Elizabeth M. Bradshaw, PhD
- Adler Assistant Professor of Neurological Sciences (in Neurology, the Taub Institute, and the Institute for Genomic Medicine)
Dr. Bradshaw received her PhD in Biochemistry from Tufts University, with a thesis exploring the DNA-binding domain of SV40. She subsequently left the field of structural biology to follow an emerging interest in immunology, joining the Ann Romney Center for Neurologic Diseases at Brigham and Women’s Hospital and Harvard Medical School as a research fellow in clinical immunology, and later joining the faculty. A main focus of Dr. Bradshaw’s work has been understanding the role of the human innate immune system in complex neurodegenerative diseases, such as Alzheimer's disease (AD) and Parkinson's disease (PD). Interestingly, genetic studies of AD directly implicate the involvement of the innate immune system. In PD, the genetic modulation of the immune system is still being uncovered. Currently, as co-director of basic research in the new Center for Translational and Computational Neuro-immunology, led by new Division of Neuro-immunology Chief Dr. Philip De Jager, one of Dr. Bradshaw’s major research interests is the translation of findings from these studies to molecular outcomes and potentially therapeutically targetable molecules in innate immune cells.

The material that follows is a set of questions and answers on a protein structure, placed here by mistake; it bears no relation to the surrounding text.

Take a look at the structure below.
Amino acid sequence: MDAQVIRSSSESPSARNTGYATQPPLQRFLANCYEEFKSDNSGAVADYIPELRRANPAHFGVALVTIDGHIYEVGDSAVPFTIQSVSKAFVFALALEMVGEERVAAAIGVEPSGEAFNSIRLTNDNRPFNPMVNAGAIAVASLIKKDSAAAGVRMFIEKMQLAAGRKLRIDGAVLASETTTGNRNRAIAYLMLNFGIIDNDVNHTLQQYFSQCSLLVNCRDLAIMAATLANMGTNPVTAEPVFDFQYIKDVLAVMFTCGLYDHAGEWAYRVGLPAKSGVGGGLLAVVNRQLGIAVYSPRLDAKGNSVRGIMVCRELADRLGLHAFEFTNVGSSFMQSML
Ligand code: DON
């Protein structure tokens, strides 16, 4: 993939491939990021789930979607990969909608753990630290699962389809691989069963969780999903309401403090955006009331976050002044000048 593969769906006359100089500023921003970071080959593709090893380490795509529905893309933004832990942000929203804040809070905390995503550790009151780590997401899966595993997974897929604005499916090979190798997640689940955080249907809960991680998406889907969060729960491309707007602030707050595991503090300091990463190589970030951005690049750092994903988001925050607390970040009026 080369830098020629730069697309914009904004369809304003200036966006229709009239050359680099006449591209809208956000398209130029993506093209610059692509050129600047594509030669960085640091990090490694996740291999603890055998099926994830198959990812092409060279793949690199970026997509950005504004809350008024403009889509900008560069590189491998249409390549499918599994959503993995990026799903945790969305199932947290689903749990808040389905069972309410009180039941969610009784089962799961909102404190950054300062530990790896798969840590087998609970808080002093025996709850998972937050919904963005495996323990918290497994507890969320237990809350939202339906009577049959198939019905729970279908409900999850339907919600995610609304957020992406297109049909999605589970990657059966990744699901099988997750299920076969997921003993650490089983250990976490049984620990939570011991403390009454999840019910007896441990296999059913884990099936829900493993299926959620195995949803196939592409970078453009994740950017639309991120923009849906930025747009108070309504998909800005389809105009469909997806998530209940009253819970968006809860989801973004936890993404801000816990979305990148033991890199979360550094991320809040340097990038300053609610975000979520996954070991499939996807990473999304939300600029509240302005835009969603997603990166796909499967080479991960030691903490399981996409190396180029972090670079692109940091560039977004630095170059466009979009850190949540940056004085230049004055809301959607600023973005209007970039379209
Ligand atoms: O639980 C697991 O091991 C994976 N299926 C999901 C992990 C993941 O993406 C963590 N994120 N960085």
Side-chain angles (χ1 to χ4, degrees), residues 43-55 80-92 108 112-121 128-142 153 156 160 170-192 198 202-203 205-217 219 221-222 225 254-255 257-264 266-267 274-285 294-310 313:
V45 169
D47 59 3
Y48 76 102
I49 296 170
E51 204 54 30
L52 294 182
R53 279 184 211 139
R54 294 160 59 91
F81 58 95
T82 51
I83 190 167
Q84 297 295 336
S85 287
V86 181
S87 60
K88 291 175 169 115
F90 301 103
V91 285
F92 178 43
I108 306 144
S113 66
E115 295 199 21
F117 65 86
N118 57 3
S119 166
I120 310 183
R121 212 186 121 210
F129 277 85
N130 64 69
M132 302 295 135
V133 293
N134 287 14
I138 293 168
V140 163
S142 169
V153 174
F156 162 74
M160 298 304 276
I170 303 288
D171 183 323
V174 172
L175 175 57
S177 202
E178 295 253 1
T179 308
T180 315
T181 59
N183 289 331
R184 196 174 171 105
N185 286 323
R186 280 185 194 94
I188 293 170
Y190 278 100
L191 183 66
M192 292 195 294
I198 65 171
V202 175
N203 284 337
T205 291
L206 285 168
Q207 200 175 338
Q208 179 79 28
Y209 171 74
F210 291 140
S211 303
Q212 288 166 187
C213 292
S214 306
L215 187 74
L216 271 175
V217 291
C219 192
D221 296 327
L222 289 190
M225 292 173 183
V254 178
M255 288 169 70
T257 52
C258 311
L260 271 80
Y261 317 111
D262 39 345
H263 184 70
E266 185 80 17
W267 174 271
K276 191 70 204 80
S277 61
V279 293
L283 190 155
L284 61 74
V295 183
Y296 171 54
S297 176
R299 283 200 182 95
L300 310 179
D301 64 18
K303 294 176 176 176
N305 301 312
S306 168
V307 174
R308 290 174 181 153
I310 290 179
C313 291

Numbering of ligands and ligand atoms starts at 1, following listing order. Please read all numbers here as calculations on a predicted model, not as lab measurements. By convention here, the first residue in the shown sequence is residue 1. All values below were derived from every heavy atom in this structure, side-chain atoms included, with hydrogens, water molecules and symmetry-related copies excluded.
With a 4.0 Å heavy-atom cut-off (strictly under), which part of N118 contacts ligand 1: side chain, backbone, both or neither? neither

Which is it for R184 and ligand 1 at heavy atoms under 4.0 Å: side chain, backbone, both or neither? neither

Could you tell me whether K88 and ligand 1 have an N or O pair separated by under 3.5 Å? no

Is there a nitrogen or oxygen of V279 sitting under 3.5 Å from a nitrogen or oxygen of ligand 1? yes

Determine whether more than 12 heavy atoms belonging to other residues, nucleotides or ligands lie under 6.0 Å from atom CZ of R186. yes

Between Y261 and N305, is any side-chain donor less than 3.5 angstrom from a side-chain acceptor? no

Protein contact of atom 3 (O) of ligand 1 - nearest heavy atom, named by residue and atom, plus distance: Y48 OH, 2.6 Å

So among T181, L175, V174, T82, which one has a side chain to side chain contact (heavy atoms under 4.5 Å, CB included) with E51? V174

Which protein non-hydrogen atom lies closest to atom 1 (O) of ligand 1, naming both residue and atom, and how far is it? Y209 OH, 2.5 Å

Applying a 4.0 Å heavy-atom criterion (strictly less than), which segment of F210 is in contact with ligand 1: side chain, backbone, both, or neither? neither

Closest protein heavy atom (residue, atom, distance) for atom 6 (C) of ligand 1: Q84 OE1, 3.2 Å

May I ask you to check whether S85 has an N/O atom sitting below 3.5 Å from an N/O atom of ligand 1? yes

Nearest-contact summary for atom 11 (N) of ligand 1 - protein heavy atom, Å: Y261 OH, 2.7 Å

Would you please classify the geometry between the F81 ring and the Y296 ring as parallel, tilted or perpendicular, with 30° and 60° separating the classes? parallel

- Department of Neurology
INFLUENCE OF GENOTYPE ON MICROGLIA PHENOTYPE AND FUNCTION IN PD (Federal Gov)
Jul 1 2017 - Jun 30 2019